THE MASSIVE concrete cultural jungle on the South Bank of the Thames is not a pretty sight at any time, but the exhibition on the ballroom floor of the Royal Festival Hall, which concluded last Wednesday, made this unlovely part of the metropolis more unlovely still. It was a photographic exhibition '60 years of the USSR', presented by the British Soviet Friendship Society, with the aid of the display of 250 photographs supplied by the Soviet news agency lass, supported by the Greater London Council.
This exercise in Soviet propaganda was one vast misleading visual from beginning to end. As in all such exercises there was only one God, and he was Lenin. He and the exhibition were best summed up in a colour photograph from the canvas in oils by the artist A Shmatko. This portrayed Vladimir Illyich as the Leader in 1920, pointing out to his disciples a thousand and one new electric power stations on the map of Mother Russia. Lenin was the central figure on the canvas, a halo of light around his bald head, and his henchmen in the shadows in wrapt attention around a long table, made him look like Jesus Christ and his disciples at the Last Supper. In the middle foreground was the seated figure of young Stalin, gazing up at his master like St John.
What was particularly fascinating about this exercise in Soviet propaganda was the abundance of expensively produced literature in books and booklets piled high on the entrance tables and available absolutely free. Not since the golden free spending days of the Spanish Civil War, when Franco's press agency in London poured out free propaganda booklets on such topics as Guernica and the massacre in the bull ring at Badajoz, had we seen such misleading literary largesse.
High on the Soviet free list were 70 page well illustrated booklets on each of the Socialist Republics of the Soviet Union. We picked up one on Lithuania, and another on Estonia, but we could not find one on Latvia. All this free propaganda was printed and published by the Novosti Press Agency Publishing House in Moscow.
According to these "history" books anyone who opposed the Soviets were "bourgeoisie", and, for example, the singing dancing electorate of the states such as Lithuania supported the Soviet army takeover 95.51 per cent with only 0.81 per cent against.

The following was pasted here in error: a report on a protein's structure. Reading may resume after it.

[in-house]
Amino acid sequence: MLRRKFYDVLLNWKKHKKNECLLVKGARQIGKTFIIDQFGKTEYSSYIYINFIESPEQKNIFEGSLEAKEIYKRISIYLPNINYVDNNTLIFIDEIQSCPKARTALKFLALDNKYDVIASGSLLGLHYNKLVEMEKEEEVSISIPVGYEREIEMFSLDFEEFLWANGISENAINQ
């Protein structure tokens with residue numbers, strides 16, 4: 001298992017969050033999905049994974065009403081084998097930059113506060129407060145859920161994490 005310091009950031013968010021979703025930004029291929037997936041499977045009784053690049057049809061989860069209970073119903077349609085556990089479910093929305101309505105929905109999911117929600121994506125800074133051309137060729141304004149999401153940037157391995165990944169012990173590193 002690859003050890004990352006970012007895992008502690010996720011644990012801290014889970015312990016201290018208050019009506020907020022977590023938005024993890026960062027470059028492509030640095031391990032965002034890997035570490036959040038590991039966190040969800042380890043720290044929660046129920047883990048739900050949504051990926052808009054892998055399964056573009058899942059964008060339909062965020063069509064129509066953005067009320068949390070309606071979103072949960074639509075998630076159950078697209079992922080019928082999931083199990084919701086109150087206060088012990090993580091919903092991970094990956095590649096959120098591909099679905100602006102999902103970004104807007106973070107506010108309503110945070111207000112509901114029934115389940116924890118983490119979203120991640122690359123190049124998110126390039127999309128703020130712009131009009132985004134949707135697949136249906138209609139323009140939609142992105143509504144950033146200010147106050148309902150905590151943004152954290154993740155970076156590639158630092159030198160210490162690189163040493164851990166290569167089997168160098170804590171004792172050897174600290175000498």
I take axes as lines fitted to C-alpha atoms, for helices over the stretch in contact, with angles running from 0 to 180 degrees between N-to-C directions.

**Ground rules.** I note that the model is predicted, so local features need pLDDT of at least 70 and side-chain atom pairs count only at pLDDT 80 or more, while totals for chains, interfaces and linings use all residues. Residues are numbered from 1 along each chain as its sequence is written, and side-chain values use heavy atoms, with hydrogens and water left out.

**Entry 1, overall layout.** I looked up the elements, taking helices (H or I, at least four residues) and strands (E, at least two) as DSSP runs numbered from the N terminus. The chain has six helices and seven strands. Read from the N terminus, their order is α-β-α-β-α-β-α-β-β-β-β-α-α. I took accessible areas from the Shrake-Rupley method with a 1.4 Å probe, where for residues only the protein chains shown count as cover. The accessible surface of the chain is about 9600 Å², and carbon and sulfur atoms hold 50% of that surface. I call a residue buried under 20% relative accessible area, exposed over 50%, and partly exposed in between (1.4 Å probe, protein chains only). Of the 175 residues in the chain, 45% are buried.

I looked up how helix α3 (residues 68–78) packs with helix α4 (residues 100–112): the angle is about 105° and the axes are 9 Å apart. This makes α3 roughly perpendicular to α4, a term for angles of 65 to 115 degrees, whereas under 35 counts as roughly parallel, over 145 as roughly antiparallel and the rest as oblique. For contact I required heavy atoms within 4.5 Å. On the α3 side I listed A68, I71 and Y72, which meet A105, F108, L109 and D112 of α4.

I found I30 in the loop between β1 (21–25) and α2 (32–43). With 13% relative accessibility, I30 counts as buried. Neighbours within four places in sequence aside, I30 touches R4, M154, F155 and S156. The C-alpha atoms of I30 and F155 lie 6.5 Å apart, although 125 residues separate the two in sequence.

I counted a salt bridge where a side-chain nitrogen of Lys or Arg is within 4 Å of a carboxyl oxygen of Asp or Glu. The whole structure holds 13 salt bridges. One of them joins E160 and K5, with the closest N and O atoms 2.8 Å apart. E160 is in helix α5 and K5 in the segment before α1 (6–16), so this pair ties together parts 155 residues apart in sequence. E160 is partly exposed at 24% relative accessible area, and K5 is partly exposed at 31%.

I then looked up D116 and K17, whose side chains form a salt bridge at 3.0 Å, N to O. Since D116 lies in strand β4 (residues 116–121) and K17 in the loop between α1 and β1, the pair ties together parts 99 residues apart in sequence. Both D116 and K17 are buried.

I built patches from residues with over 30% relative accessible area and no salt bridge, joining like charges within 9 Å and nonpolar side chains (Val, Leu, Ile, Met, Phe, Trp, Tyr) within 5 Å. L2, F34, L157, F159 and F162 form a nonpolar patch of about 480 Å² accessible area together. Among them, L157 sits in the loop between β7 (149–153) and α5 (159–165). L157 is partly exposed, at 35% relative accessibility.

In all the free propoganda booklets such as "It's a different way of life", "One Hundred Nationalities — one people", and "By the will of the People", only one leader was portrayed and quoted and that was Lenin.
Beneath the smiling portraits of Russian peasant girls, tractor drivers, ballet dancers, Olympic athletes and cosmonauts we recalled a photograph, not on display, that of one of Andropov's predecessors, Beria, one time chief of the Soviet secret police, and Stalin, explaining to a Polish Army delegation in Moscow during "The Great Patriotic War" that the massacre of Polish officers and intellectuals in the forest of Katyn, near Smolensk, in the Soviet Union, had all been "a great mistake".
What the British Soviet Friendship Society, Tass, and the Greater London Council overlooked was that such a propaganda exercise as that in the Royal Festival Hall last week can never obliterate the memory and the photographs of the bodies of 4,500 Polish Officers with a Soviet bullet in the base of their skulls, their hands tied behind their backs, and with Soviet bayonet wounds in the bodies of those who had resisted. Nor will it blot out the question of a further 10,000 Polish Officers and intellectuals, prisoners of war of the Soviets, who vanished without trace at the same time as the Katyn massacre, and whose bodies have never been found.
Beria said it was all "a great mistake". In our opinion so was the decision of the Greater London Council to help and to permit this exercise in Soviet Propaganda on the South Bank.